Ryan Donnelly's Blog

Gyno’s and Mechanics


The longer this site has been running, the more people have been coming to me to talk about addiction.  People who I know nothing about, know very little, or people I’ve known forever, and  have  now opened up to me about personal battles in their lives.  It’s humbling to know that people feel comfortable enough to come to me. It excites me to no end to know that this website and my life in general have become judgment free zones, and to know, that this “zone” is aiding others and giving them the strength it takes to confide in someone. However to be the “someone” that people are confiding to, well, it has given my life more meaning then I can even begin to explain.

Many of the people I talk to who support an addict or who have supported me, have no experience of being an addict. Don’t get me wrong, that is a good thing.  Their support is wonderful, but I do see a big void in the understanding of the addict that they love and care about.  Many people understand the fact that this person was addicted to a substance, which in turn took everything they loved away from them.  What most people don’t understand is the amount of strength it takes mentally to be an addict, and how an addiction takes over the human mind.

I have said time and time again that I hold no degrees in this subject, and that I only speak from my personal experiences with addiction.  I do,  however have no problem down grading doctors and therapists who claim they are ‘experts’ on a subject that they have never experienced.  I personally don’t think anyone is an expert on the subject, because everyone is different, and everyone experiences addiction differently.

Carrie P. Snow once  said, “A male gynecologist is like an auto mechanic who has never owned a car.”   Though this quote is funny, it still makes a lot of sense to me and how I feel about experts in addiction. How can you truly know everything about an issue like this if you, yourself haven’t inhabited the body of an addict?

Last night a bunch of great people got together for my sisters 30th birthday party.  We reminisced about the time that we didn’t speak to one another, which was around 2.5 years long.  We had many personal disagreements during that time,  but I believe all of these disagreements became that much more toxic due to my drug addiction. I felt as though if I kept the fighting  going, and didn’t clean up the mess, it was easier to keep people away from each other and much easier to hide my problems. I knew in the back of my mind that if I ended the fighting that all of my deep, dark secrets would come spilling out faster then I could do damage control. And I couldn’t have that happen, now could I?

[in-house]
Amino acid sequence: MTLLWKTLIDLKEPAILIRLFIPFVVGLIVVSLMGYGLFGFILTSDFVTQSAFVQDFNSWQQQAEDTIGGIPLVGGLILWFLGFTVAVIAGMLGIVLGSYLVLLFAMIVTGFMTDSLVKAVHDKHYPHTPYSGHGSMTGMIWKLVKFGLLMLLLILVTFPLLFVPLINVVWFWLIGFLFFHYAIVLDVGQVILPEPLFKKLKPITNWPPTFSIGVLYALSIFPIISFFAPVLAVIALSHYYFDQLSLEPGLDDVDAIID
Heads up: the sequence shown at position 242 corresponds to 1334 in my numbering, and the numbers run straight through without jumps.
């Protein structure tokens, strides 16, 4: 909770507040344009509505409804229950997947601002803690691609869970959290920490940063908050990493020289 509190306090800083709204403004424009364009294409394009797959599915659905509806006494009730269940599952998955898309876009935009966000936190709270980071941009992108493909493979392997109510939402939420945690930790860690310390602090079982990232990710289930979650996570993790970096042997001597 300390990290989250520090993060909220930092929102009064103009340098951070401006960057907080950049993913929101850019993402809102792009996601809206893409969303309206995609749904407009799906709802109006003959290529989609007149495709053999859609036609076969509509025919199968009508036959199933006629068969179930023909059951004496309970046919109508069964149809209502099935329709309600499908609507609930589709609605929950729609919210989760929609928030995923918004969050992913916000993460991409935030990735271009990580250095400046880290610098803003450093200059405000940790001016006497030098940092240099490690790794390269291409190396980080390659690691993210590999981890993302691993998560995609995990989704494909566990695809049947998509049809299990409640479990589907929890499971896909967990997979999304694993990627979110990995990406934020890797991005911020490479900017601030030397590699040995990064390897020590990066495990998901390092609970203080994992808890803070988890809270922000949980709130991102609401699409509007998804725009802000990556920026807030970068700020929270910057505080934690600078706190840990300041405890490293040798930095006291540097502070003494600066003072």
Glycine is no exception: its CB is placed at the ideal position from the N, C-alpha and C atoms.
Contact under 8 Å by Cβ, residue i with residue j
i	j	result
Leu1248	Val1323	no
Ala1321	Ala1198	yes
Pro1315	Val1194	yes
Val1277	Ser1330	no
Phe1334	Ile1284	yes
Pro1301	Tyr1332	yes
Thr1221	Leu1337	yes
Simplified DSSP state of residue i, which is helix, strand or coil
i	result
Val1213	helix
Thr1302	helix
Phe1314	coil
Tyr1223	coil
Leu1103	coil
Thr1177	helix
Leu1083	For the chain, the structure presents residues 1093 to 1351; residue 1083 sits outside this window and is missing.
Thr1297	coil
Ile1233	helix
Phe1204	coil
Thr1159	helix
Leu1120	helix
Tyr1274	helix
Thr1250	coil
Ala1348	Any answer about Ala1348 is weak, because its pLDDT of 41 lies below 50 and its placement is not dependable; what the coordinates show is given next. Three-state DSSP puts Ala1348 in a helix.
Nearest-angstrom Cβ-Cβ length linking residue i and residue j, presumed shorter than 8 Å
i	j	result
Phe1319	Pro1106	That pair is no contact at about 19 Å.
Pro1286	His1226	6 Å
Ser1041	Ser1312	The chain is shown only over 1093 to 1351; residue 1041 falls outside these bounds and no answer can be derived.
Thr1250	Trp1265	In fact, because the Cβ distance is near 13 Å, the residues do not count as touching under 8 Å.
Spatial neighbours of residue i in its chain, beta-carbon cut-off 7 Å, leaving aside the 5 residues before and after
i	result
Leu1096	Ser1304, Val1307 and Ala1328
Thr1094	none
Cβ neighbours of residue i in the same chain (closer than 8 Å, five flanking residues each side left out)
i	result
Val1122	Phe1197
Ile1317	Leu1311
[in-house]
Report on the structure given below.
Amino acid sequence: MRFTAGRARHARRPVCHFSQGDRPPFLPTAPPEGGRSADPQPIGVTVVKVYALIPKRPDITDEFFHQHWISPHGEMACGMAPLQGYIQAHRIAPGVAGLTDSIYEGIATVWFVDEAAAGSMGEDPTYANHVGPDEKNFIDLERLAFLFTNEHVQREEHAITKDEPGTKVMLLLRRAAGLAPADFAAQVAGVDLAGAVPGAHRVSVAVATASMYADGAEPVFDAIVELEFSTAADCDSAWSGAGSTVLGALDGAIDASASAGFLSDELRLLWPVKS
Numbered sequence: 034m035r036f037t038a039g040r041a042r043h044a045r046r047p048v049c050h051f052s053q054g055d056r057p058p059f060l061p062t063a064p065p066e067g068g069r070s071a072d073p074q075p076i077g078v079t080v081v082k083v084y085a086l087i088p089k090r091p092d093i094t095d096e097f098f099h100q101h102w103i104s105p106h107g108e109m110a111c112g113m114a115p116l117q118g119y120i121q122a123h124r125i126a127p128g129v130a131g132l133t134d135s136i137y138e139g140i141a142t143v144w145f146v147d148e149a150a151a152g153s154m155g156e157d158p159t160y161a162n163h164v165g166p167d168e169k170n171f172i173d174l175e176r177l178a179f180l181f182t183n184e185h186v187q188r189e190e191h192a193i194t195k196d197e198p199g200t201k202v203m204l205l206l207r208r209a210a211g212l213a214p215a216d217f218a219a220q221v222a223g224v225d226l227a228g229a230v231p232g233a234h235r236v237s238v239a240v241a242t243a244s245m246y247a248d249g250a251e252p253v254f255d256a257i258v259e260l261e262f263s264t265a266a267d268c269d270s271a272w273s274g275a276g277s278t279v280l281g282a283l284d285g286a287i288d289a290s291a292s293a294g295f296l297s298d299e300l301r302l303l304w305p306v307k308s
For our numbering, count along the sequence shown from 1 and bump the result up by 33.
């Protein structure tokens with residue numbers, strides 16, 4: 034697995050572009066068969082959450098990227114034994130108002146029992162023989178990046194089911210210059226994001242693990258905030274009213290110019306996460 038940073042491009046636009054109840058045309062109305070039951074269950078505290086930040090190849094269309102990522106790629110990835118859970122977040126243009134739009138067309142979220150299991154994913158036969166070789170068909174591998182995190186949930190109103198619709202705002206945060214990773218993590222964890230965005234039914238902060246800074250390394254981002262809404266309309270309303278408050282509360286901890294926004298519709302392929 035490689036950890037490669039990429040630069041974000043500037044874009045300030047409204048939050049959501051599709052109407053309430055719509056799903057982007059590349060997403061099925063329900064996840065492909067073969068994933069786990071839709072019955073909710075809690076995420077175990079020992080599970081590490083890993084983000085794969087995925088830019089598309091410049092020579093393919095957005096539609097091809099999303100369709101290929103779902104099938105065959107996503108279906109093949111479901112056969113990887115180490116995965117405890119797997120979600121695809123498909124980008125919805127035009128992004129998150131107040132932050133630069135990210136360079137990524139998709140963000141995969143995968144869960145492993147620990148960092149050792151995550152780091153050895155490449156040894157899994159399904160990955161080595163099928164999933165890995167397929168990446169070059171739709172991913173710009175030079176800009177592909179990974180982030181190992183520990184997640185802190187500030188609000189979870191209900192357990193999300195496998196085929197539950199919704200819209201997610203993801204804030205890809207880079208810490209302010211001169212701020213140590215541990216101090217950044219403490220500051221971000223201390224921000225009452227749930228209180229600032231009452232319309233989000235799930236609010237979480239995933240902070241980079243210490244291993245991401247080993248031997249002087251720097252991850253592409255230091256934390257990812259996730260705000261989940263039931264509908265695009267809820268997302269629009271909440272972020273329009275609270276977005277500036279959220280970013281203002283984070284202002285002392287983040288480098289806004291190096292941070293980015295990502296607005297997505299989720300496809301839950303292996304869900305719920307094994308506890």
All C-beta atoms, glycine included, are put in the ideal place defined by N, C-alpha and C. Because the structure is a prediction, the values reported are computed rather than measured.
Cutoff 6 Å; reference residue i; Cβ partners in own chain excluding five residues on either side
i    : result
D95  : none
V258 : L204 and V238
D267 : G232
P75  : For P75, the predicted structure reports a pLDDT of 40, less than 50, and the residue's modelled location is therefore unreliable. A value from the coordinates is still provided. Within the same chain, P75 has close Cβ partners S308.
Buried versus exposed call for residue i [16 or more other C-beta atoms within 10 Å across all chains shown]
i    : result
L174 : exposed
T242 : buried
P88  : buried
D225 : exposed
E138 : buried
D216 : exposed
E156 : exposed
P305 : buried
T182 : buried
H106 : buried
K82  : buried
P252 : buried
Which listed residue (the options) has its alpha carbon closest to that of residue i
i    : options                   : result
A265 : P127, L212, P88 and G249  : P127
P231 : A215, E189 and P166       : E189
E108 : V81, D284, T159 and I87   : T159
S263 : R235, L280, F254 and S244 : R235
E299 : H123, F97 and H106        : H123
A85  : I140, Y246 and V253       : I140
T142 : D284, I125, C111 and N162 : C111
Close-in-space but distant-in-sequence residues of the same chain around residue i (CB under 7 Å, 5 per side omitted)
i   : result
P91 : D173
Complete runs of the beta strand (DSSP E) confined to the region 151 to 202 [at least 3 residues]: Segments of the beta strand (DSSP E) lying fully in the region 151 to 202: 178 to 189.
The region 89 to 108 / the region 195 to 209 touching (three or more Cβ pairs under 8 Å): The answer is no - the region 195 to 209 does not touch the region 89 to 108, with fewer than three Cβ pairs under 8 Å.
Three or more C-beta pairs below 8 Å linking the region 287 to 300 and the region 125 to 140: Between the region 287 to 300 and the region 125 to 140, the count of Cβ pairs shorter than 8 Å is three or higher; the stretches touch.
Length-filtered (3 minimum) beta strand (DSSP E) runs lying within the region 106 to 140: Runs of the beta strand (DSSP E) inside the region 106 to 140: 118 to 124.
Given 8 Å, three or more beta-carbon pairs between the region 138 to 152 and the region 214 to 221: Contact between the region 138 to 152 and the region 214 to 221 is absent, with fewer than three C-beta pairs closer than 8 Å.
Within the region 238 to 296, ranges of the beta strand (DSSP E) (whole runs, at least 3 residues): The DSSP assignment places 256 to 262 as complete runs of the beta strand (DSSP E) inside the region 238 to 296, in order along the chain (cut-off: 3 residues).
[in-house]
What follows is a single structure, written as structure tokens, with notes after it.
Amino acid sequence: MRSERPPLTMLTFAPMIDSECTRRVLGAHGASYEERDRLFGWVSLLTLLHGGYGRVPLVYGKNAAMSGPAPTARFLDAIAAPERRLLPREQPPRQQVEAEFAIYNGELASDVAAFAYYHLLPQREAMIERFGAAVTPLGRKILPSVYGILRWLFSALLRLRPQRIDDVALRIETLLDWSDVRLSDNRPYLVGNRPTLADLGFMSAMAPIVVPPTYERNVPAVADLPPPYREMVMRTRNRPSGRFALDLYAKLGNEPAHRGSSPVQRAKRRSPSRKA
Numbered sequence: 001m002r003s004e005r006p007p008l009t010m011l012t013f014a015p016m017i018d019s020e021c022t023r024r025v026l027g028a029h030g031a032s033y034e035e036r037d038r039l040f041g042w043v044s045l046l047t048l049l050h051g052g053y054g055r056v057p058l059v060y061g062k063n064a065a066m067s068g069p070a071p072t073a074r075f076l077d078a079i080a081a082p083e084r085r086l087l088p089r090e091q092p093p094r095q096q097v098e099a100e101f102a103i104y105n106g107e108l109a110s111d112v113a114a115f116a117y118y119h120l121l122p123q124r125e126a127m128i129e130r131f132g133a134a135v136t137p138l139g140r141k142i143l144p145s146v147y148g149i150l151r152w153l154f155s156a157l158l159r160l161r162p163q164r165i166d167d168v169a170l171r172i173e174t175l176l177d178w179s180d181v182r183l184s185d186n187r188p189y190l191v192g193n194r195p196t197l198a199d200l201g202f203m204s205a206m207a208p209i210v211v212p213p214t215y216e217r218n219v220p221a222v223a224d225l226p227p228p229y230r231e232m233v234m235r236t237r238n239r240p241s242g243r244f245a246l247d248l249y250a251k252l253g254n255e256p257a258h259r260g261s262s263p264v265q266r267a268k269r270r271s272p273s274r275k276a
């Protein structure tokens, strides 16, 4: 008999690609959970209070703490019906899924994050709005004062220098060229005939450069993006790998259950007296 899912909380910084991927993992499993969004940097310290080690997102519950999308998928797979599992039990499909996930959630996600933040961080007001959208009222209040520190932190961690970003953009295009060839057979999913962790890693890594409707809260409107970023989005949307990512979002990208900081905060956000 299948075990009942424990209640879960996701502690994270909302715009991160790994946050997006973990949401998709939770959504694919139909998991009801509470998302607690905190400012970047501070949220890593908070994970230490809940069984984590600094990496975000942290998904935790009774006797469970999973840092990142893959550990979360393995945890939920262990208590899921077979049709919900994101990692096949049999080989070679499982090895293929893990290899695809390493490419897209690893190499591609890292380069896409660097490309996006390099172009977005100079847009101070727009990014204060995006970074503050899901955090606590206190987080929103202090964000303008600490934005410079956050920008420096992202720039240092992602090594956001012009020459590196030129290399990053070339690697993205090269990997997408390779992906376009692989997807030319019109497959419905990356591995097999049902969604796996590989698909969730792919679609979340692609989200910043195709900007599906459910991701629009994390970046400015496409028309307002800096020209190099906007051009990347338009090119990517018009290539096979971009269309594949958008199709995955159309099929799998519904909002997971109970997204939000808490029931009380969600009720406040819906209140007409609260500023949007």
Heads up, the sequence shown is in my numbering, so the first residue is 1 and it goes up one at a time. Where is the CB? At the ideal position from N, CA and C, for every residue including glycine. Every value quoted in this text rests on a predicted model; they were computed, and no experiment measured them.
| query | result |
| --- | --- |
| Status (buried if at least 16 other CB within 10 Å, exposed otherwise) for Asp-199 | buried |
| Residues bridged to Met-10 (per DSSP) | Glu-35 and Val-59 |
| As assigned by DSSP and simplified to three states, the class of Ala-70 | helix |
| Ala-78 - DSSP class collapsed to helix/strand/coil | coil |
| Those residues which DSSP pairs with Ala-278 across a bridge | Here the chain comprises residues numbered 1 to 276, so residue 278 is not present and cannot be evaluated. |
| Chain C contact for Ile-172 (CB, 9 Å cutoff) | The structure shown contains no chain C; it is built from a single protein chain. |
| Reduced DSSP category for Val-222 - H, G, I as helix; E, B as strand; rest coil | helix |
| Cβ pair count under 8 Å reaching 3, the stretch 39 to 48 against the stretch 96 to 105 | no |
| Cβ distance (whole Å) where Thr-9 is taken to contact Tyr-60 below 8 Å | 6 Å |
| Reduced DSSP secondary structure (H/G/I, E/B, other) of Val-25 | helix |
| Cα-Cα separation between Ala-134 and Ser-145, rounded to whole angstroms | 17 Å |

My sister had a hard time understanding why I was so empty, she wanted to know if the reason we couldn’t mend our issues was due to the fact that I just didn’t want to,  or if  it was  part of my addiction.  I found myself for the first time having trouble explaining my exact mental state during my addiction, and during our time apart. 

 The best way I can explain it, is that  my soul was dormant.  I didn’t really understand how empty my soul was until I was clean for about 5 days. That’s when the cobwebs started to break apart in my mind.  I am by no means blaming all of my trouble and disagreements with people do to my addiction. I always had a choice of whether I was going to use or not.  But, being an addict and knowing first hand the power of it, and the hold that it had over me, I knew it was much, much stronger than me.  It was more important than food, water, sleep, family, friends and of course my own health.  It was everything to me.

My brain needed this substance more than any other thing on the planet.  It wasn’t until I went through withdrawal that I realized that my brain had been tricked. It had been lied to and when I finally was clean enough, I was able to look back at the strength it had.  My body was in motion daily, but I wasn’t the one driving it, it was under some evil control.

Talking to my sister last night made me aware that many family, though 110% supportive of me, never really understood my mental state. But, how can could they?  No one really knows what someone is thinking, but I hope that you are all beginning to see just how poisoned my thinking was. 

Being clean is a privilege I have been given by powers larger than myself. It’s a gift to be where I am right now and not in jail.  Thanks to the people who I have hurt terribly, who decided I still had something to offer society and kept me from doing time.  I thank them more then they will ever know. 

This blog and my daily work for others is my payback to those who I hurt and to those I know facing the struggles I faced.  To those of you still battling, you know as well as I know, that the person you are now is not the person you really are. It is never too late to get help and be re-introduced to your true self.  Face the pain head on and don’t look back . Do yourself a solid and don’t let yourself get to the position that I found myself in. Facing death in the eyes.  It’s not worth it.

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